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'Bonnie and Clyde' Revisited

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Later, on the way to the Atlanta Journal newspaper office, the streets were vacant and there was no place to get even a glass of water. On one street, two blocks away from the newspaper office, a sign over a store said "Sporting Guns," and I walked down to it, expecting it to be the only shop open in all of Atlanta. It wasn't open, but it wasn't a very good gun shop, either. There were only a couple of big .45's on cardboard display signs in the windows. The rest of the store seemed bare. But they are a terrific piece of goods, these .45's. You can go out today and go for your lungs buying a new Cadillac and in three years you have a piece of junk. There is no built-in obsolescence in a .45. The model was made in 1895 and hasn't changed and you can leave one of these guns in the family for 150 years and it'll still be good enough to blow the brains out of somebody in the family tree.

King was buried in May. In June, on Tuesday morning, June 4, 1968, the rush hour in Los Angeles was moving through a dull, muggy day which was keeping the smog close to the ground. Bert Prelutsky of West magazine drove us along a freeway, against the traffic, out to Orange County, an area that has a million people, Disneyland, the Anaheim Stadium, Knotts Berry Farm and, in Garden Grove, the headquarters for George Wallace. At Fullerton, the highway was alive with the sound of Southern California. Motorcycles racing while waiting for the light to change. In the background, plastic flags strung around auto lots flapped loudly in the exhaust fumes blowing against them. The highway was lined with take-out food shops, soft-water laundries, dry-cleaning stores and stainless-steel-and-saran-wrap supermarkets. A one-story red cinderblock building sat in the middle of this jumble. The sign painted on it said "Warner's Gun Shop."

A red-haired woman sat at a desk behind the counter that took up half the store. The other half was filled with gun racks. The woman was drinking coffee and smoking a cigarette. She said her name was Nita Bomgaars and she was from Arkansas, originally. "My husband, he was eventually from Iowa," she said.

"My husband comes here after work and he spends time here weekends," she said. "He keeps his regular job. He's a millwright. That's like a machinist. We just built this place two years ago. When you open a small business, you can't expect to make right away."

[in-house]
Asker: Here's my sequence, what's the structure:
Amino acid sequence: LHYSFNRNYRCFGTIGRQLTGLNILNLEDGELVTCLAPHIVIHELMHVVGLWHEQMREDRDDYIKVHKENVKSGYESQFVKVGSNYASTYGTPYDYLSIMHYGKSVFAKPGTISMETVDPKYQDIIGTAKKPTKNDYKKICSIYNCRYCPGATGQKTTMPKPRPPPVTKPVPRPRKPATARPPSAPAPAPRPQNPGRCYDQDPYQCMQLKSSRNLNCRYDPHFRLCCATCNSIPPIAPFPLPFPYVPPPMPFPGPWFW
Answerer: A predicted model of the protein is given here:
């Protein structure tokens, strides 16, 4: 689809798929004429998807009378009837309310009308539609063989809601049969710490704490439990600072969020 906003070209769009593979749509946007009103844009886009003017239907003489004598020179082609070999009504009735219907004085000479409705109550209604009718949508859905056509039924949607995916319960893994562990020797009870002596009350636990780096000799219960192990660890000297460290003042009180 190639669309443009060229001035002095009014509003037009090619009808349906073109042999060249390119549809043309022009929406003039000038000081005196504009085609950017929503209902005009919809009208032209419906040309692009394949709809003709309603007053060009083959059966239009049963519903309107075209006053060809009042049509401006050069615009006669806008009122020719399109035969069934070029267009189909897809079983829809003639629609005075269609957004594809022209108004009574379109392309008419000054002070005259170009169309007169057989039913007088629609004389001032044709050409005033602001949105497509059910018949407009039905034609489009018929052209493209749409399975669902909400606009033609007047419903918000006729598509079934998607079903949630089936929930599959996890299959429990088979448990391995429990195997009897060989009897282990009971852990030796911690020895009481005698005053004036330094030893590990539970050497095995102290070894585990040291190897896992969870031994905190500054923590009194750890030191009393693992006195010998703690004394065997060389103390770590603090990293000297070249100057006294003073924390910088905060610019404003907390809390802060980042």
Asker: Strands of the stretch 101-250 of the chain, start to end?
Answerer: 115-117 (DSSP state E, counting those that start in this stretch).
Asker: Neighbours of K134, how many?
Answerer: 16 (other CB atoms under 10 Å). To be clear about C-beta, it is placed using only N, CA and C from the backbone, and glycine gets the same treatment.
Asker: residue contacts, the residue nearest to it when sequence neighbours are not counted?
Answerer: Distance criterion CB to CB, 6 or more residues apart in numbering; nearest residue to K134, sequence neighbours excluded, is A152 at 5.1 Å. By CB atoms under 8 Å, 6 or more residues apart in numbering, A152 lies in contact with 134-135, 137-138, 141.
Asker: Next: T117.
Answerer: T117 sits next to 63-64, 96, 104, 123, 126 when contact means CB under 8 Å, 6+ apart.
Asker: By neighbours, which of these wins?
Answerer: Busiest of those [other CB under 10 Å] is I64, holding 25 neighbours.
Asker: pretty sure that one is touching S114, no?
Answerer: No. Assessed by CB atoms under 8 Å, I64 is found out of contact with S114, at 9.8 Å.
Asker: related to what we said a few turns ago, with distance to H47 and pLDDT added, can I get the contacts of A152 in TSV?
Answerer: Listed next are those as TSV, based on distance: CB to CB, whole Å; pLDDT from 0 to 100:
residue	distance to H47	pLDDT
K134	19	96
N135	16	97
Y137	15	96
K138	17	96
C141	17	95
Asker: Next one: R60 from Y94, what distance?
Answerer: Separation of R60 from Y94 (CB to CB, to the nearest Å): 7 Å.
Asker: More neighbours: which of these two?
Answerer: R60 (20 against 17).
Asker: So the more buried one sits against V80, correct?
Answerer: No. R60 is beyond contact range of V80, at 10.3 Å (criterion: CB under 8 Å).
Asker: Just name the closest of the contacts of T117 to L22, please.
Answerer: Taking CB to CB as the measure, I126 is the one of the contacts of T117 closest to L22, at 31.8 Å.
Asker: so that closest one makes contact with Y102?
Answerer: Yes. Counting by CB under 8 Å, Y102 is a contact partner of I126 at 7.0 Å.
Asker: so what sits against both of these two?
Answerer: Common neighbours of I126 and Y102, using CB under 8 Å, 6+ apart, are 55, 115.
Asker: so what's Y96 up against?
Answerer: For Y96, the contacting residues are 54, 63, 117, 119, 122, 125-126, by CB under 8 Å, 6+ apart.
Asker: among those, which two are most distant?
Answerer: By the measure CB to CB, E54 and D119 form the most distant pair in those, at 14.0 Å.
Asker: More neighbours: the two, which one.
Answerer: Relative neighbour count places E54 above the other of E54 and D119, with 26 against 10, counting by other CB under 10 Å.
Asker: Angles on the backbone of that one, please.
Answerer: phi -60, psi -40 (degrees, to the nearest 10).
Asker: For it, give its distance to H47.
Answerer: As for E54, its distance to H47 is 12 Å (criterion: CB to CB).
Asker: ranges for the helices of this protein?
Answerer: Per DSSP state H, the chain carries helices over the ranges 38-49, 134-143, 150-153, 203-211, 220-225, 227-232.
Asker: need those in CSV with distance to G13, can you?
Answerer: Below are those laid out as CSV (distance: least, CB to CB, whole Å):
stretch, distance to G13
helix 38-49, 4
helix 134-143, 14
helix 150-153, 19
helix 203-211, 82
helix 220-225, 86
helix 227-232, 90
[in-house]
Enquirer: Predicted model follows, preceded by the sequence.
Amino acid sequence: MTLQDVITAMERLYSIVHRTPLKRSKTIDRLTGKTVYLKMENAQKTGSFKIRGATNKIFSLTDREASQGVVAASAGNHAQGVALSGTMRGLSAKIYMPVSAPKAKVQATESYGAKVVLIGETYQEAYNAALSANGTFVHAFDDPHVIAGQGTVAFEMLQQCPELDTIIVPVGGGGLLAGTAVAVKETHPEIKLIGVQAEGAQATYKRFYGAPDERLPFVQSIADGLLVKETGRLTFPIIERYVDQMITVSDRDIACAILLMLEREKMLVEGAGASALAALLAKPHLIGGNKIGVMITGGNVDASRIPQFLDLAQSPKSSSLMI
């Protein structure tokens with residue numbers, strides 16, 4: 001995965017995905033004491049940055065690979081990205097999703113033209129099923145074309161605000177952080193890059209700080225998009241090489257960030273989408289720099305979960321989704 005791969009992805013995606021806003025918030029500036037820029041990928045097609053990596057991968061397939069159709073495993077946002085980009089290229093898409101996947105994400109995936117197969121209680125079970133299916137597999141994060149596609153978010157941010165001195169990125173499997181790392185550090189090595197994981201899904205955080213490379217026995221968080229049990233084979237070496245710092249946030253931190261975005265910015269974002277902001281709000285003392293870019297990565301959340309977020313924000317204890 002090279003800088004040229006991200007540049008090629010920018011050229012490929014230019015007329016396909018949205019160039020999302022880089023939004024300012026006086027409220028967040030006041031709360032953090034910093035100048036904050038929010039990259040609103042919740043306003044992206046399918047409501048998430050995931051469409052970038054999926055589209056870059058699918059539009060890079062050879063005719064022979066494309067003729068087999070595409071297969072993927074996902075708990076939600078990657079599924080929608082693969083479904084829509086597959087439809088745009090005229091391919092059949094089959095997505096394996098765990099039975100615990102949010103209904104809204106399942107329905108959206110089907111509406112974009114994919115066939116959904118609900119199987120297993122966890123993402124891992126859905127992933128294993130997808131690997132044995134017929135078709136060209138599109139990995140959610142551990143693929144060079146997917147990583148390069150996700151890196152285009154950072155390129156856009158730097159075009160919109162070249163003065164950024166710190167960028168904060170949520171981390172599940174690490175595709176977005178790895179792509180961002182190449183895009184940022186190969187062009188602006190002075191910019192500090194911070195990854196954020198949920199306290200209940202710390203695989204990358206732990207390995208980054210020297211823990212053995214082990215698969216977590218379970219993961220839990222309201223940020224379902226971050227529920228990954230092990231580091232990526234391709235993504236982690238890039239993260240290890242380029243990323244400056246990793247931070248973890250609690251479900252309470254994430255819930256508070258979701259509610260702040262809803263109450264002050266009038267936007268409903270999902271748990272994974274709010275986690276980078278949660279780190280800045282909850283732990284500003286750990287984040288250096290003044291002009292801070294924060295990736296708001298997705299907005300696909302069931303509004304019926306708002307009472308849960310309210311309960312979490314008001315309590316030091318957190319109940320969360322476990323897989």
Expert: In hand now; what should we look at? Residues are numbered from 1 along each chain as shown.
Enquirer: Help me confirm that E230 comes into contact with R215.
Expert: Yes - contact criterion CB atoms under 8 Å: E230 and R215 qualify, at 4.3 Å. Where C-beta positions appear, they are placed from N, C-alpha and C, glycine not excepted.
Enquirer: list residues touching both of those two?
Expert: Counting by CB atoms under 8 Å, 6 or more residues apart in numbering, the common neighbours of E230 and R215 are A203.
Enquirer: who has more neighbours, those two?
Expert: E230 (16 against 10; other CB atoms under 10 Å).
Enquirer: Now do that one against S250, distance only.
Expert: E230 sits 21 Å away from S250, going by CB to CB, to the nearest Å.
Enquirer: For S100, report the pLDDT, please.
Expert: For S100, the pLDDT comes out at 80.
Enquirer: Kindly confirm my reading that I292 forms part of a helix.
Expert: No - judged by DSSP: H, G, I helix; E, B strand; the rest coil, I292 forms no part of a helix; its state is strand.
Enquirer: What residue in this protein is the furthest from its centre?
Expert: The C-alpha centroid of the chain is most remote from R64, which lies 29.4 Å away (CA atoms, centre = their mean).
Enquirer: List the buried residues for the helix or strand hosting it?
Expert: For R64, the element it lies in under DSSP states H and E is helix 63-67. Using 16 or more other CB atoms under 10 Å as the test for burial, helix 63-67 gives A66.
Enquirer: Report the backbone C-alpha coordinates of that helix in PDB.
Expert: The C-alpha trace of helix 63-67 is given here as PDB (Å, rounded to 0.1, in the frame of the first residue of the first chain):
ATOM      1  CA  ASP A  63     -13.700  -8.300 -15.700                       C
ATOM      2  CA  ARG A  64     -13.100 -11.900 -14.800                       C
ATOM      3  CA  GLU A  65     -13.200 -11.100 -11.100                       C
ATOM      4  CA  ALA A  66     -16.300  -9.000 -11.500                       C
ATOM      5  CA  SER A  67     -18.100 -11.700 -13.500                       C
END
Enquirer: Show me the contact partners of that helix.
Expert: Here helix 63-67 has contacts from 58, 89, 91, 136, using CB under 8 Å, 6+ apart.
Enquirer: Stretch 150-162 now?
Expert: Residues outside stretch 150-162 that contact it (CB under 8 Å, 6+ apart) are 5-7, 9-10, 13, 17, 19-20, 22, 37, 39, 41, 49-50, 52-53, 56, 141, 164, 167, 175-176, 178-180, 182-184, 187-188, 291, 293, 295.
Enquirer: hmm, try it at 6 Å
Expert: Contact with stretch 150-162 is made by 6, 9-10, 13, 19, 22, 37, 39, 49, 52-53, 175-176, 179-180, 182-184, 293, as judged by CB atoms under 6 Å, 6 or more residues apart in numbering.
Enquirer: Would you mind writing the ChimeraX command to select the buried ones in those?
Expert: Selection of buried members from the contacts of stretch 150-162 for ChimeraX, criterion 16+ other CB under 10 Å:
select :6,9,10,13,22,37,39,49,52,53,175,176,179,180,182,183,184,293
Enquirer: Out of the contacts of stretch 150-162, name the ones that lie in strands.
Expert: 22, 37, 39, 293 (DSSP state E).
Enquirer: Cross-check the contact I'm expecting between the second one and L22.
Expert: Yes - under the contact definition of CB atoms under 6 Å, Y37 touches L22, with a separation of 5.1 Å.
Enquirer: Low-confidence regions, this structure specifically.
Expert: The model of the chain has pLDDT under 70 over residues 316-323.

"Is a gun shop a good small business'" she was asked.

"Oh, it could be a very good one here, some day. You know, he can quit the regular job and we can just run this business here. It could be a good business right now, except we can't get what we want."

"What do you want?" she was asked.

"Smith and Wessons. We just can't get them. Had so many people in here ordering .45 Highway Patrolman model and we could only get two of them. Nine millimeter shells. I couldn't get them either."

"Why the shortage of Smith and Wessons?"

"You see, they're doing so much government work and after that police work, that any time they have left over for retail production, it goes to old customers. When you're just starting like we are, you can't get them."

The glass showcases under the counter were filled with Berettas. There was a Ruger Single Six. "Only one of them I have," she pointed out.

The literature on top of the counter consisted of Shooter's Bible. 1968 Edition, a book as thick as a Sears Roebuck catalogue: World's Guns and DuPont Presents The Handloaders Guide to Powders.

We walked around the back of the store, where rifles stood upright in racks, the wood gleaming the same way baseball bats do in a sporting goods store. She had enough rifles to outfit a line company.

As we were leaving, the woman said, "Yes, Smith and Wessons, that's what you need to make it in this business today. We just can't get them. Get a lot of off-brands. I'd like to carry used Smith and Wessons, but I can't get them either. You know how it is, not many people are trading their guns in these days."

Back in Los Angeles, at 11:30 at night, in suite 511 of the Ambassador Hotel, Bobby Kennedy sat on the floor against the wall under the windows and smoked a cigar. He was talking about coming into New York on Thursday or Friday and going on television to pick a fight with the New York Times. He had been burning for a shot like this for months. He said the Times was anti-Catholic and he was going to challenge them on it. "Their idea of a good story is. 'More nuns leave convents than ever before'," he said. Somebody said that a sure way to make page one of the Times was to present a story about a priest being caught in bed with a girl. Kennedy got up and walked over to his wife Ethel to repeat it. He came back and sat down and twirled the cigar and looked up when he saw activity by the door.


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